Moxifloxacin HCl 0.5% ophthalmic solution (VIGAMOX; Alcon Laboratories, Inc., Fort Worth, TX), a recent addition to the fluoroquinolone family, features properties that exceed those of the earlier generation of fluoroquinolone antibiotics, which include ofloxacin, levofloxacin, and ciprofloxacin. Moxifloxacin is one of the newer designer “smart bombs” in the war against ocular infection. The eighth position of the basic fluoroquinolone nucleus is substituted with a methoxy group (OCH3), which has expanded the activity of moxifloxacin against gram-positive organisms. This methoxy group addition expands the spectrum of activity to include the majority of ocular infections today. Almost 80% of ocular infections are due to gram-positive pathogens.1
THE IMPORTANCE OF GRAM-POSITIVE COVERAGE
Although there is considerable fear regarding the virulence of gram-negative organisms such as Pseudomonas, especially among contact lens wearers, in actuality, gram-positives have recently been isolated with the greatest frequency. The possibility that these organisms have evolved to develop resistance to earlier generations of fluoroquinolone antibiotics is of increasing concern. Moxifloxacin accomplishes two important objectives: (1) it provides an expanded spectrum of coverage against gram-positive bacteria, and (2) it offers increased activity against resistant organisms. Ophthalmologists must be aware that this revolutionary compound possesses far greater in vitro and in vivo bactericidal activity against gram-positives than its earlier cousins.
EFFICACY OF A HIGHER CONCENTRATION
VIGAMOX is formulated at a higher concentration than gatifloxacin (ZYMAR; Allergan, Inc., Irvine, CA), another newer fluoroquinolone. In fact, at 0.5%, its concentration is the highest of any fourth-generation fluoroquinolone and translates into greater concentrations of the drug in various ocular tissues including the cornea, aqueous humor, and tear film. Although gatifloxacin is formulated at a concentration of 0.3% for topical administration, this slight difference could be significant in some cases, owing to the concentration-dependent mechanism of killing bacteria that fluoroquinolone agents employ. The more highly concentrated fluoroquinolones deliver more available drug into the ocular tissues for effective bactericidal action. Other antibiotics are concentration-independent and rely on factors such as exposure time to work.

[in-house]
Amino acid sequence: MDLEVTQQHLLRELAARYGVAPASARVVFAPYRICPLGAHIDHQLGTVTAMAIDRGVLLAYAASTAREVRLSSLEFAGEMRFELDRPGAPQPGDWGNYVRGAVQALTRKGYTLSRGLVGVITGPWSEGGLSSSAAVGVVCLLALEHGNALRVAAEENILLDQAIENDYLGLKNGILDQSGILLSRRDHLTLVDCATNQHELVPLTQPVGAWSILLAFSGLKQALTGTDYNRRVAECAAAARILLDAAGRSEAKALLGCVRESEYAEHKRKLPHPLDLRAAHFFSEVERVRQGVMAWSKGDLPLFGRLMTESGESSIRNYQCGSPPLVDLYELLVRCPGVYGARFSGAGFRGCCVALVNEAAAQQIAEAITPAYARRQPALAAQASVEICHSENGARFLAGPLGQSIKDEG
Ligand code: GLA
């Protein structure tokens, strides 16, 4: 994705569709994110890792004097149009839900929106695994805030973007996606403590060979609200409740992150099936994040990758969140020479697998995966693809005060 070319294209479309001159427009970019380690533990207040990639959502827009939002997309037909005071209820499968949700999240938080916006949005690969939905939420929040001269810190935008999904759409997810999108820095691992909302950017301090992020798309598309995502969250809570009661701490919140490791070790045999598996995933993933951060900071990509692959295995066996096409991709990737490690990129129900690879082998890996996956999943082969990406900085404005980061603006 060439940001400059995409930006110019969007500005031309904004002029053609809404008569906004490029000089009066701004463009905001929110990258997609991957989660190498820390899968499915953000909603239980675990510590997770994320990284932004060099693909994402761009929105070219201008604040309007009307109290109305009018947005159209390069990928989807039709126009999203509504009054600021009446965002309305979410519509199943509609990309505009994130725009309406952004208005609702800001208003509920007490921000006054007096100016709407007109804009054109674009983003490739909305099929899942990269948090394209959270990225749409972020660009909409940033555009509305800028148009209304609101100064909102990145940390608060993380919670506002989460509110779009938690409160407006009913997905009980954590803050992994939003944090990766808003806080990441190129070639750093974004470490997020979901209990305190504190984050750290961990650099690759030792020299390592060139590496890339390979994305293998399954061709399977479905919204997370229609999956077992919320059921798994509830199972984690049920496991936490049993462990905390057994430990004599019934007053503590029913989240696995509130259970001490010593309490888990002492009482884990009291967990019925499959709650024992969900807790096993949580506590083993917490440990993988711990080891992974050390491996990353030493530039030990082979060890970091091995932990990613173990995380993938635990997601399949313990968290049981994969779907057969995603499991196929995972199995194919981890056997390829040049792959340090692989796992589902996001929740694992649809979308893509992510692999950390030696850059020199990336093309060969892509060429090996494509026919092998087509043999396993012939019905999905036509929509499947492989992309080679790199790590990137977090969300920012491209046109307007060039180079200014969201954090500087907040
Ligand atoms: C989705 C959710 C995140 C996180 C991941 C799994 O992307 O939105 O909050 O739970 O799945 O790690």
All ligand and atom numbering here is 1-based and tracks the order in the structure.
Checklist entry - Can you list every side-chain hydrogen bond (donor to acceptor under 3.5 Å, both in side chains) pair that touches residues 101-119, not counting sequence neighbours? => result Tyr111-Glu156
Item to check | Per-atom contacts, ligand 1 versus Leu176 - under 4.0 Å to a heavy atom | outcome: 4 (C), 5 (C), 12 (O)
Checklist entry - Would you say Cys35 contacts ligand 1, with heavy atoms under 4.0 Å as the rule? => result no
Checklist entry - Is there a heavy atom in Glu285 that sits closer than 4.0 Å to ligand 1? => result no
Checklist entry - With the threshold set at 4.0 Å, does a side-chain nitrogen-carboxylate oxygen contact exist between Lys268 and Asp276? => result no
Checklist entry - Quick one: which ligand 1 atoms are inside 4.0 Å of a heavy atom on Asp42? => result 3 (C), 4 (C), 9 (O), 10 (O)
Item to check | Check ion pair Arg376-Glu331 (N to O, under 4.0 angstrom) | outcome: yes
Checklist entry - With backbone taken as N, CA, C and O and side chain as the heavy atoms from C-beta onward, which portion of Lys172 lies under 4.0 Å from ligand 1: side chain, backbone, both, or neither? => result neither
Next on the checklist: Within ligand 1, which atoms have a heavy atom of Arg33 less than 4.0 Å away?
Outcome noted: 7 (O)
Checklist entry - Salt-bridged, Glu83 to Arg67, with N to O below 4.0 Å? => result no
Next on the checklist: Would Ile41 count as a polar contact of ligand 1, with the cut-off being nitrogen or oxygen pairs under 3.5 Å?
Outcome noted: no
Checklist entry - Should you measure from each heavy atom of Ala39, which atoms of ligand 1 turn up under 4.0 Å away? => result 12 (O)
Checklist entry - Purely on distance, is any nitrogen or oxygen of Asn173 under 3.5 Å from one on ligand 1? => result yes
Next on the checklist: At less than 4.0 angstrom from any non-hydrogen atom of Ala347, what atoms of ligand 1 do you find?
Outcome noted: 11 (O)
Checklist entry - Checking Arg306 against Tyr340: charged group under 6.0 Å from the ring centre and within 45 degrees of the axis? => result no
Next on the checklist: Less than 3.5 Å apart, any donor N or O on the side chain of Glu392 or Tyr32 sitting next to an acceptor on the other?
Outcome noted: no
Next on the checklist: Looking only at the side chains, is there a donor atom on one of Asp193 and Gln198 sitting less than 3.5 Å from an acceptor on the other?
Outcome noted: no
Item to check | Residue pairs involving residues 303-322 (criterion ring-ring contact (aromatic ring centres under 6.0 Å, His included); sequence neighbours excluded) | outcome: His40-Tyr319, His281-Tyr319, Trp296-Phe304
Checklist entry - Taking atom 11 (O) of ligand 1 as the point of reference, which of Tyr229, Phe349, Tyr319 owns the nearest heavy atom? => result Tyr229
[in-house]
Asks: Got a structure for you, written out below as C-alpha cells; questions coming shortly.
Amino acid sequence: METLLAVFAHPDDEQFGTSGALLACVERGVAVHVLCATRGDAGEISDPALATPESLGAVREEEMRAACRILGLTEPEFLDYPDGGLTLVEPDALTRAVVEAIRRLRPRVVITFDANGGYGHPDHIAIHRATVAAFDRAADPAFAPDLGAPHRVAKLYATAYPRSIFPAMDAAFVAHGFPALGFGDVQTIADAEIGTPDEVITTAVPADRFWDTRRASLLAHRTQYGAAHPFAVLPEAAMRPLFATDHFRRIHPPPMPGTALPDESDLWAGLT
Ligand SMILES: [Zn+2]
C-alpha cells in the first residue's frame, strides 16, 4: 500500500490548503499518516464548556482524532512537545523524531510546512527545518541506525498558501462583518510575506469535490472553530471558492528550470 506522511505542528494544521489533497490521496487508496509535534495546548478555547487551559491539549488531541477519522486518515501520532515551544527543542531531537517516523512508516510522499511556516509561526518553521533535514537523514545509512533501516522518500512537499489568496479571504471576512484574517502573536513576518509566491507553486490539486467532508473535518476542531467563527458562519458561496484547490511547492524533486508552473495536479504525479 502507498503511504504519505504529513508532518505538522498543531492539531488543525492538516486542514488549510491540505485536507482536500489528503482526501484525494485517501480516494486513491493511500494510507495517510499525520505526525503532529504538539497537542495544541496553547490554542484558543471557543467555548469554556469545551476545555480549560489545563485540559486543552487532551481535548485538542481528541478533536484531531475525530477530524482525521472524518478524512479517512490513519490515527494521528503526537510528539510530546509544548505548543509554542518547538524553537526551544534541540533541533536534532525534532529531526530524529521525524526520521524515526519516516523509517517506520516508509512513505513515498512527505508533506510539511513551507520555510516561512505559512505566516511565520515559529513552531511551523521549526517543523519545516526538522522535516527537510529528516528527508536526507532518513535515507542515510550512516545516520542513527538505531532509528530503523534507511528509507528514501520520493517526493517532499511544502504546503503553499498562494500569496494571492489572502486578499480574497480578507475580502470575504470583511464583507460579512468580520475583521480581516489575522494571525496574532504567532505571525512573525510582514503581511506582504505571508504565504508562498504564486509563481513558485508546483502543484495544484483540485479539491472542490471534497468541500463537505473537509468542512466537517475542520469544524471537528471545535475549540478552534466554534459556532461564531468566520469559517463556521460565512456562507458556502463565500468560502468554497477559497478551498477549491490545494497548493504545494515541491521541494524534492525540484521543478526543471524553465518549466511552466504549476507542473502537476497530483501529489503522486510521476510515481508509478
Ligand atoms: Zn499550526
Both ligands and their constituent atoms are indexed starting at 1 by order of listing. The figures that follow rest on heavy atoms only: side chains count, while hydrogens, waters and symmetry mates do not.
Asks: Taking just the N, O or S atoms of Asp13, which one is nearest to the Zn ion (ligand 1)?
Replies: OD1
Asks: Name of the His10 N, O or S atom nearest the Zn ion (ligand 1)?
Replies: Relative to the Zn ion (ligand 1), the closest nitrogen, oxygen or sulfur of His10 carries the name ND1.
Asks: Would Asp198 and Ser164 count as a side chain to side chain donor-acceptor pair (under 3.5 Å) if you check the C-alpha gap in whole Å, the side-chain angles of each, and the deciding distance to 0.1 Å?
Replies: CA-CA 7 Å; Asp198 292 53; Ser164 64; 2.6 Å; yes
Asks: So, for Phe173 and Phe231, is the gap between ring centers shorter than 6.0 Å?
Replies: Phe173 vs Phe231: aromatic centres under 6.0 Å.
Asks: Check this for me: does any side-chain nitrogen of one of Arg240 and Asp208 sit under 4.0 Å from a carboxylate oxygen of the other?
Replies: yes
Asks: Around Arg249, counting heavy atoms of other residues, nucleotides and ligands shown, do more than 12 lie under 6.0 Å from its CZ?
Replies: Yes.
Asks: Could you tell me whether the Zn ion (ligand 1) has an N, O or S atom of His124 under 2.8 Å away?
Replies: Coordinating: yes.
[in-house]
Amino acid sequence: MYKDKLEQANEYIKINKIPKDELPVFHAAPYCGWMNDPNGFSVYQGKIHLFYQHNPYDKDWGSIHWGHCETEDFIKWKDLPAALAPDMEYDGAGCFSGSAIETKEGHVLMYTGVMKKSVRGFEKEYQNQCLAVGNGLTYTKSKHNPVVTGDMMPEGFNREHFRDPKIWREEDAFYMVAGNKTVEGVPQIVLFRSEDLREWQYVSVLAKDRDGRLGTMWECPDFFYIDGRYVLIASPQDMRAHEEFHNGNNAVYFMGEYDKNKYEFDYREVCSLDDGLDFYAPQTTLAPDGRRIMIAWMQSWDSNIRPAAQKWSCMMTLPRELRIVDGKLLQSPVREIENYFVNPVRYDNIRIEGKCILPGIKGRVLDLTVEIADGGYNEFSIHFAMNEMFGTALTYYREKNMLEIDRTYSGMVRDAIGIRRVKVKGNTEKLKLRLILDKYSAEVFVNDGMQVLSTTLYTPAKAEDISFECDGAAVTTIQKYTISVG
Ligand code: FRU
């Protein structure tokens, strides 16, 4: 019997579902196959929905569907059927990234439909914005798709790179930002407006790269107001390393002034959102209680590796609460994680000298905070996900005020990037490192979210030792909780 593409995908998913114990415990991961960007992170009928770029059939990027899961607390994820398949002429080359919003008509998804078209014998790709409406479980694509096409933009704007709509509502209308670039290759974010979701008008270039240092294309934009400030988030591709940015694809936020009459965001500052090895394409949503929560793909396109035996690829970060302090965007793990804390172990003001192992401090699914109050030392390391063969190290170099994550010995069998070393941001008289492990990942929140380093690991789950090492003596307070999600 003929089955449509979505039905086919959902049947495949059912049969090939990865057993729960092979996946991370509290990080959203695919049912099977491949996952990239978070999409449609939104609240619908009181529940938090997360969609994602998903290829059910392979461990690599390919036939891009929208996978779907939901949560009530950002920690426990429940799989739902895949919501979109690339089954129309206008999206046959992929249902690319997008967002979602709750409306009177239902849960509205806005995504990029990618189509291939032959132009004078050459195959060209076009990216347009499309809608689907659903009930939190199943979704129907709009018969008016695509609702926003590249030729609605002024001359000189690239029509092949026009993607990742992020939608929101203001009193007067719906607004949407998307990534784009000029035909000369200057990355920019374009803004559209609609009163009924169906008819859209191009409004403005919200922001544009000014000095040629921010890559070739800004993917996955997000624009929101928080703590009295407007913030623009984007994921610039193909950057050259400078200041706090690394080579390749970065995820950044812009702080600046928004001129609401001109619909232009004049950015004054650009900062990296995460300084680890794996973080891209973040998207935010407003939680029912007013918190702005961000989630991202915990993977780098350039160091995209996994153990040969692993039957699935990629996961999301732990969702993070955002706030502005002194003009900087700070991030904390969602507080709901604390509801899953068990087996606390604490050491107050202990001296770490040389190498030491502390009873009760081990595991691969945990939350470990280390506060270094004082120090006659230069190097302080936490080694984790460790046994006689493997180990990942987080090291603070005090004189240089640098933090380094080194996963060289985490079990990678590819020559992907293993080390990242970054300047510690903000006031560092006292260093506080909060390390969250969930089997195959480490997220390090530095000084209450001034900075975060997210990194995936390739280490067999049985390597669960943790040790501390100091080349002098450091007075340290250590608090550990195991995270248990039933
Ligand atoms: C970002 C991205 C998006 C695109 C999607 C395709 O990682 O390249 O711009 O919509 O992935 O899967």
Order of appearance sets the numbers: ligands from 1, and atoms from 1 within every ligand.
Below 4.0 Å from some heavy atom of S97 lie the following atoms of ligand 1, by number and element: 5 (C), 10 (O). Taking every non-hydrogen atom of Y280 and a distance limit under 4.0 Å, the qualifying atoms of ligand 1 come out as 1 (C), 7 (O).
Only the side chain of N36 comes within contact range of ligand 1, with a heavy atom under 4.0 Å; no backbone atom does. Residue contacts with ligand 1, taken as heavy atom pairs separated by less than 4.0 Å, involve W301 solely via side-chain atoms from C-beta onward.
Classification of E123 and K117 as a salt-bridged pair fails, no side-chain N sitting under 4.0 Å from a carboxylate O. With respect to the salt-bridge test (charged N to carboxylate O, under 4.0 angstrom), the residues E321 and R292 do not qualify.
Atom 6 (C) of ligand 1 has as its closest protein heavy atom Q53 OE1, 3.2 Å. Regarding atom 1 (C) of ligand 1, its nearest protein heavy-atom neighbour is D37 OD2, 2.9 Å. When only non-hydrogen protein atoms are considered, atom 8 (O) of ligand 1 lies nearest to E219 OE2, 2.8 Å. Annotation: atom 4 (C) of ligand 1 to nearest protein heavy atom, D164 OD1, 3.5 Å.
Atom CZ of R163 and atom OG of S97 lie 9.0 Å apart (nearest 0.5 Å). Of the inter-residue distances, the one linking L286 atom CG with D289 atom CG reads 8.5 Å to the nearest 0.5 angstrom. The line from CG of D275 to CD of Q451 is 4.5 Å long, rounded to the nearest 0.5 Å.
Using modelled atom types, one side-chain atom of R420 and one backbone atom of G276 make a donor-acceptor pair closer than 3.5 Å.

Moxifloxacin is approved for the topical therapy of the indication of acute bacterial conjunctivitis. During clinical FDA phase III trials, the agent was assigned a slightly less frequent regimen than has been traditionally used q.i.d. for 7 days. VIGAMOX received approval for t.i.d. dosing for 7 days, a total of 21 drops (Table 1). In contrast, gatifloxacin received approval for q2h day 1 to 2 and q.i.d. days 3 to 7, a 36-drop regimen that is similar to that of earlier-generation fluoroquinolones. VIGAMOX's convenient dosing of t.i.d. for 7 days could help improve patients' compliance. Researchers have not yet determined the dosing regimen for more serious infections such as acute bacterial keratitis, but perhaps the 5-mg/mL concentration would also allow a slightly less frequent dosing while maintaining equivalent efficacy than a 3-mg/mL concentration solution.